2 replies | 52 view(s)
  • Alexander Rhatushnyak's Avatar
    Yesterday, 06:52
    Could anyone please build and provide cjpegxl and djpegxl executables? Either 32-bit or (better) 64-bit, either Windows or (better) Linux, for either earliest or latest Intel Core* CPUs ? I couldn't find any executables, and those that I built myself earlier this year were somehow a lot slower than expected (on my machines). Thank you in advance!
    38 replies | 3258 view(s)
  • suryakandau@yahoo.co.id's Avatar
    Yesterday, 03:19
    Fp8sk12 -faster than previous version but worse compression ratio:) fp8sk12 -8 mixed40.dat is: Total 400000000 bytes compressed to 56415009 bytes.Time 3122.57 sec, used 1831298304 bytes of memory run under windows10 and intel core i5-3210M 2.5GHz and 16 Gb memory) if it run under Intel Socket 1151 Core i7-8700K (Coffee Lake, 3.7GHz, 6C12T, 95W TDP) how fast it could be ?? :_superman2:
    32 replies | 1141 view(s)
  • Dresdenboy's Avatar
    Yesterday, 02:08
    There is the Horspool paper (Improving LZW), which describes it. I also checked his source. No additional information. But Charles Bloom did some interesting analysis of this encoding (calling it "flat codes" BTW): http://cbloomrants.blogspot.com/2013/04/04-30-13-packing-values-in-bits-flat.html
    11 replies | 730 view(s)
  • Dresdenboy's Avatar
    Yesterday, 01:54
    Did you try it yet? Even Charles Bloom covered this encoding with some interesting analysis here. In another thread Mauro Vezossi brought up a LZW variant using this phased in binary encoding, called lzw-ab. He also did some tests:
    15 replies | 17304 view(s)
  • JamesB's Avatar
    Yesterday, 00:32
    Ah Tom Scott. A nice basic explanation. Yes it misses a lot out, but that's not the point. I had to chuckle with the BBC Micros in the background. My very first compression program was a huffman compressor written in 6502 assembly on the BBC Micro. :-)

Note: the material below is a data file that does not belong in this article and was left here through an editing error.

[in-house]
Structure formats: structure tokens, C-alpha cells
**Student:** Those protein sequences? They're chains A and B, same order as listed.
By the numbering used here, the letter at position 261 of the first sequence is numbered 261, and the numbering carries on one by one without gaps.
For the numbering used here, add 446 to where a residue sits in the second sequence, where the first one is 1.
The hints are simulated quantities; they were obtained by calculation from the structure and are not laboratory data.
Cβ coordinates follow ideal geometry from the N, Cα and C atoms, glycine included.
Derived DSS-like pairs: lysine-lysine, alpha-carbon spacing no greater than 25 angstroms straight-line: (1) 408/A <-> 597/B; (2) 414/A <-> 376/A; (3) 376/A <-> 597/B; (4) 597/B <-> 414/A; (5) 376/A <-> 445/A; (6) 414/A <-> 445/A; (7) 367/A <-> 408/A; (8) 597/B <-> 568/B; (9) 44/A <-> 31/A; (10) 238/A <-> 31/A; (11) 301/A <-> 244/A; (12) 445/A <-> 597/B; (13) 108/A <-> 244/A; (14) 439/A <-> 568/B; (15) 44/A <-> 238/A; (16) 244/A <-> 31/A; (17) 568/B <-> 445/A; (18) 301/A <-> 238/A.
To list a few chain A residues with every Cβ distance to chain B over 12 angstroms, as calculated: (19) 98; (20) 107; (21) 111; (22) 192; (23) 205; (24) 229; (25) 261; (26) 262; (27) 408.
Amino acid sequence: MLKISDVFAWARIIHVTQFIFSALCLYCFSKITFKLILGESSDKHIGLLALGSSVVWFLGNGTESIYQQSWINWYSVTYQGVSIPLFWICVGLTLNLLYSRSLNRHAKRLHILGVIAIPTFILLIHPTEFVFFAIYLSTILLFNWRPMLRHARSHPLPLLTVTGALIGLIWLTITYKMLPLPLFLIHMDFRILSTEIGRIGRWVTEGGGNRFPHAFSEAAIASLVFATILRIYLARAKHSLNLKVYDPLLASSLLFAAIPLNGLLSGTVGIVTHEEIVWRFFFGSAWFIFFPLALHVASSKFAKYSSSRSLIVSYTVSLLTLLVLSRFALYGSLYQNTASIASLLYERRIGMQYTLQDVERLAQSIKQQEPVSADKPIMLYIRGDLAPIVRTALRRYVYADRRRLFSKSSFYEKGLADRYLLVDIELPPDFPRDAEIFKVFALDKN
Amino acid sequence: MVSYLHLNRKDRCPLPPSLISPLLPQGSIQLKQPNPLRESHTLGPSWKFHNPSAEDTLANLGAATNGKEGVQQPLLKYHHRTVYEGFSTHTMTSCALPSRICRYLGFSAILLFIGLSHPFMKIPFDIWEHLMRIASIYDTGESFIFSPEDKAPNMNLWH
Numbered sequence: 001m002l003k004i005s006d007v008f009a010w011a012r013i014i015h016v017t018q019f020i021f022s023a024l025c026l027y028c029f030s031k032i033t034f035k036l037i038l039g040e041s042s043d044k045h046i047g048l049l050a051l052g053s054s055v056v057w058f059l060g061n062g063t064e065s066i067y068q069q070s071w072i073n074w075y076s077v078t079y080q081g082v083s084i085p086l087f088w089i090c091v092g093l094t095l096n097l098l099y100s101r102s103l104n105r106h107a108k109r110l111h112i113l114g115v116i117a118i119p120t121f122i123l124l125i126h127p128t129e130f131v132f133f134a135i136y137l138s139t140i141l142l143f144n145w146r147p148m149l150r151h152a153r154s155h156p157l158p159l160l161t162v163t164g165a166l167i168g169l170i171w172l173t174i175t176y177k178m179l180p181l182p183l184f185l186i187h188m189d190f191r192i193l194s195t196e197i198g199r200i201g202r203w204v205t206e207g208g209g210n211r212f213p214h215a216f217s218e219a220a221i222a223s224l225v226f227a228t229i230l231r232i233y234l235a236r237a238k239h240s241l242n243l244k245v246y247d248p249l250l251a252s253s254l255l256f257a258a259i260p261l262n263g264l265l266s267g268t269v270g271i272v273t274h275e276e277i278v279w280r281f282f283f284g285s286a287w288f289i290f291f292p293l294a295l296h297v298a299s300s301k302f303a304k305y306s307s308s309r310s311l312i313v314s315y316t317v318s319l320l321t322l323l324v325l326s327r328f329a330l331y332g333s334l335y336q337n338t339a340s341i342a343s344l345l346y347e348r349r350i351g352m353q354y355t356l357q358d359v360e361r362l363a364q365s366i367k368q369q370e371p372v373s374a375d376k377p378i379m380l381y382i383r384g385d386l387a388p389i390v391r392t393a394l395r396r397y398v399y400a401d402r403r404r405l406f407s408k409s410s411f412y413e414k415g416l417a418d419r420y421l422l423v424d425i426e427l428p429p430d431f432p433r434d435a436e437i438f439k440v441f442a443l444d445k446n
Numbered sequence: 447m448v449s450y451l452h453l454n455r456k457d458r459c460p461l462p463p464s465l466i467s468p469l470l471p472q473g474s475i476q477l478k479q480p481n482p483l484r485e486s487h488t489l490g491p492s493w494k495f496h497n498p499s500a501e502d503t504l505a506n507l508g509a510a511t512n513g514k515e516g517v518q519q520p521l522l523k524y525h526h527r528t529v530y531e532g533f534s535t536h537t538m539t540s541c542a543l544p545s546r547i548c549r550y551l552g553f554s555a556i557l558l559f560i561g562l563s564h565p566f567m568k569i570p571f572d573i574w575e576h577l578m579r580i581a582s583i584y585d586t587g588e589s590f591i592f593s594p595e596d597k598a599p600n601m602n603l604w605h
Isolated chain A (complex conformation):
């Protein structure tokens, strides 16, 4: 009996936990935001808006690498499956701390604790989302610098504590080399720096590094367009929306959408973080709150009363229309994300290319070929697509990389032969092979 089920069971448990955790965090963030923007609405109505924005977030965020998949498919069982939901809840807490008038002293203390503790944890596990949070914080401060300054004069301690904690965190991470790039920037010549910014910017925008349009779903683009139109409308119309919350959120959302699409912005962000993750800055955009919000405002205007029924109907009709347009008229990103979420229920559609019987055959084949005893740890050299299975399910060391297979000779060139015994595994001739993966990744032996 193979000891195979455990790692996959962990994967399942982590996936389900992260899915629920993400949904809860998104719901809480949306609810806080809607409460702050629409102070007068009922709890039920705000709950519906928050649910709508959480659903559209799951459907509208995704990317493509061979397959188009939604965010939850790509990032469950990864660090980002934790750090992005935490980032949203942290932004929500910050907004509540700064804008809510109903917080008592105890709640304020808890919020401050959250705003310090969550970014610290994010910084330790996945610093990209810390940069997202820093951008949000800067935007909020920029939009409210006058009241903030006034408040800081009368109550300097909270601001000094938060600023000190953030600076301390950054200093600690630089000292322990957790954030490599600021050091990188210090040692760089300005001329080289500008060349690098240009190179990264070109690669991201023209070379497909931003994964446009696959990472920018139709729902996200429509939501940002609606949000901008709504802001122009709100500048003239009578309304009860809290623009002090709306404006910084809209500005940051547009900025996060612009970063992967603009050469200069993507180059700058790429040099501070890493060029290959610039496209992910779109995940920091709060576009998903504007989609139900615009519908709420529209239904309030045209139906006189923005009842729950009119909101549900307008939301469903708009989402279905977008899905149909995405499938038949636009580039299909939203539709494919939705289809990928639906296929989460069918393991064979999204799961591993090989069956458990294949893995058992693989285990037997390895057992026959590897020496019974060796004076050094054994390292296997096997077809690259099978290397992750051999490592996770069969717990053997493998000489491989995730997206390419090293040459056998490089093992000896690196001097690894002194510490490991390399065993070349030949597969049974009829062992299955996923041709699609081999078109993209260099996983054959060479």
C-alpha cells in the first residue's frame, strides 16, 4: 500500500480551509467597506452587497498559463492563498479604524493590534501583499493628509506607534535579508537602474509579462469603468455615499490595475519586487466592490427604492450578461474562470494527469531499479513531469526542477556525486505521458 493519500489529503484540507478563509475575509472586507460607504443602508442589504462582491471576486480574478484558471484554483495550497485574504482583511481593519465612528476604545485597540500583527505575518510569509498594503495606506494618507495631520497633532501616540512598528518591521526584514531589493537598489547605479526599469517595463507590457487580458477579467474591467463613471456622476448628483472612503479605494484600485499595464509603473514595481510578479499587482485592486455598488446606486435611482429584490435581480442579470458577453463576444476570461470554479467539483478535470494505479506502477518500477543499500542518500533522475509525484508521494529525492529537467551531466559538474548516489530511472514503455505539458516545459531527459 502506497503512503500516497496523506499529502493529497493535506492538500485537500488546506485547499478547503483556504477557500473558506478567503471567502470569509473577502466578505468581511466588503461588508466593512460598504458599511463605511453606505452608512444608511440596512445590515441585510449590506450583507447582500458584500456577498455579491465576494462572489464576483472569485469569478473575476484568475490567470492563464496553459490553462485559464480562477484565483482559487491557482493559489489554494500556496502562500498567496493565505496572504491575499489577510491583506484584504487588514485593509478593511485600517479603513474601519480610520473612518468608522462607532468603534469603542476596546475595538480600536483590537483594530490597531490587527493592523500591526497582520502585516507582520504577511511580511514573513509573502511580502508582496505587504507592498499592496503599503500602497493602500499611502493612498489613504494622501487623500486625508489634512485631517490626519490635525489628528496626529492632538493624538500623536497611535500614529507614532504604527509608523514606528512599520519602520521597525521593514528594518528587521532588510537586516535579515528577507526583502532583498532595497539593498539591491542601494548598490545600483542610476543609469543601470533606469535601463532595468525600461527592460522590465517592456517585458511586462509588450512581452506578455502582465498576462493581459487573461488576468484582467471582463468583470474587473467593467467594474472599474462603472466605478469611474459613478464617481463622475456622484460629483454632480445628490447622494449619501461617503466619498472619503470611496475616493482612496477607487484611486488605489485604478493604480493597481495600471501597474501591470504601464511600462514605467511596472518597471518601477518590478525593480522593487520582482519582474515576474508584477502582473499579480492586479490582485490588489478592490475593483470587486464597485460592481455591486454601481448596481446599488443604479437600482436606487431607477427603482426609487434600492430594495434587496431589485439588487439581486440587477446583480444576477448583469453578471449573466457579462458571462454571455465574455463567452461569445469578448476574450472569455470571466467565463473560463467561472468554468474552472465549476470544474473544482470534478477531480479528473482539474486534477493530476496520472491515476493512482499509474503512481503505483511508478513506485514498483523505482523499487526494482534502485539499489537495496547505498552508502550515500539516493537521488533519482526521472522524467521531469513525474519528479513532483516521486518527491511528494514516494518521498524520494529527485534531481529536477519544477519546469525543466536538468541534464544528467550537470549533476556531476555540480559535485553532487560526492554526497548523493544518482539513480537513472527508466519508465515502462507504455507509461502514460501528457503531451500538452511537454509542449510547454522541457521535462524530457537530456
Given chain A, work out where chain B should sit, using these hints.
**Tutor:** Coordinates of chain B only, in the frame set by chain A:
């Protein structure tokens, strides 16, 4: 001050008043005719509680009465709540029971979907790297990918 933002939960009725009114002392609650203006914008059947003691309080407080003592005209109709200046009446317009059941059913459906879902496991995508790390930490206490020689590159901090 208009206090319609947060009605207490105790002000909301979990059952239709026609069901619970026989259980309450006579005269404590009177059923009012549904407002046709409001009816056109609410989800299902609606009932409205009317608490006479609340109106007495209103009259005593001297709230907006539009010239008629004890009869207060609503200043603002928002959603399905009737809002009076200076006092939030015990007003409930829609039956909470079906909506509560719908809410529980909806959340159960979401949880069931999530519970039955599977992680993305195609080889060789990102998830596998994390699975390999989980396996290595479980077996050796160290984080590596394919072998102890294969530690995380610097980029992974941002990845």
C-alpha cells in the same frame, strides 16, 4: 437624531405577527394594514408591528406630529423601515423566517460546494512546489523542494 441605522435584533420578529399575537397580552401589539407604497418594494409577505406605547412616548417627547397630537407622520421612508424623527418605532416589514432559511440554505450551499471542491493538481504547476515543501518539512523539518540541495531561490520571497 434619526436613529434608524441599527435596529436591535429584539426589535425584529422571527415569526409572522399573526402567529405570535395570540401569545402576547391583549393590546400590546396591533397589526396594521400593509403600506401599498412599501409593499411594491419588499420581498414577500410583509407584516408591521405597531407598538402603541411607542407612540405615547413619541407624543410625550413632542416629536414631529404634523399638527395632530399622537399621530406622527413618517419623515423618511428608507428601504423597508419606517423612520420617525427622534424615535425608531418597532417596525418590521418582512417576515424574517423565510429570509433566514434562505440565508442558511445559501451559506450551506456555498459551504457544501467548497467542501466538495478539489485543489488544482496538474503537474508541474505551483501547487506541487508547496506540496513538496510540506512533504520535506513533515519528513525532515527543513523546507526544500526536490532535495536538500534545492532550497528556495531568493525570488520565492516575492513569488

3 replies | 215 view(s)
  • Jarek's Avatar
    10th July 2020, 23:19
    L1-PCA is not exactly what we want to here: lowest bits/pixel, so I have directly optimized: e(x) = sum_{d=1..3} lg(sum_i |x_id|) which gives literally sum of entropy of 3 estimated Laplace distributions: can be translated into approximated bits/pixel. For all images it lead to this averaged transform: 0.515424, 0.628419, 0.582604 -0.806125, 0.124939, 0.578406 0.290691, -0.767776, 0.570980 First vector (as row) is kind of luminosity (Y) - should have higher accuracy, the remaining correspond to colors - I would just use finer quantization for the first one and coarser for the remaining two. But we could also directly optimize both rotation and some perceptually chosen distortion evaluation instead - I have just written theory today and will update arxiv in a day or two.
    12 replies | 539 view(s)
  • Jyrki Alakuijala's Avatar
    10th July 2020, 22:51
    That's amazing. Congratulations! I didn't expect that one could improve it more than 5 % at corpus level without going to 10x slower decoding. Will be good to learn about it. I brought quite a few techniques myself into other codecs that I originally invented for WebP lossless. Entropy clustering I use in brotli, brunsli, and in JPEG XL with great success -- it is a wonderful little mechanism that makes entropy codes so much more flexible. My Select predictor perfomed better (better compression, faster because less branches) than Paeth in JPEG XL, too. WebP's color decorrelation system through the guidance image is used in JPEG XL. Some of my inventions for the WebP that didn't make it to JPEG XL include the 2d code for LZ77 distances and the color cache, but that is mostly because JPEG XL is less pixel-oriented than WebP lossless.
    170 replies | 42219 view(s)
  • pacalovasjurijus's Avatar
    10th July 2020, 22:24
    I think that need to move information and write the prefix code.
    45 replies | 4998 view(s)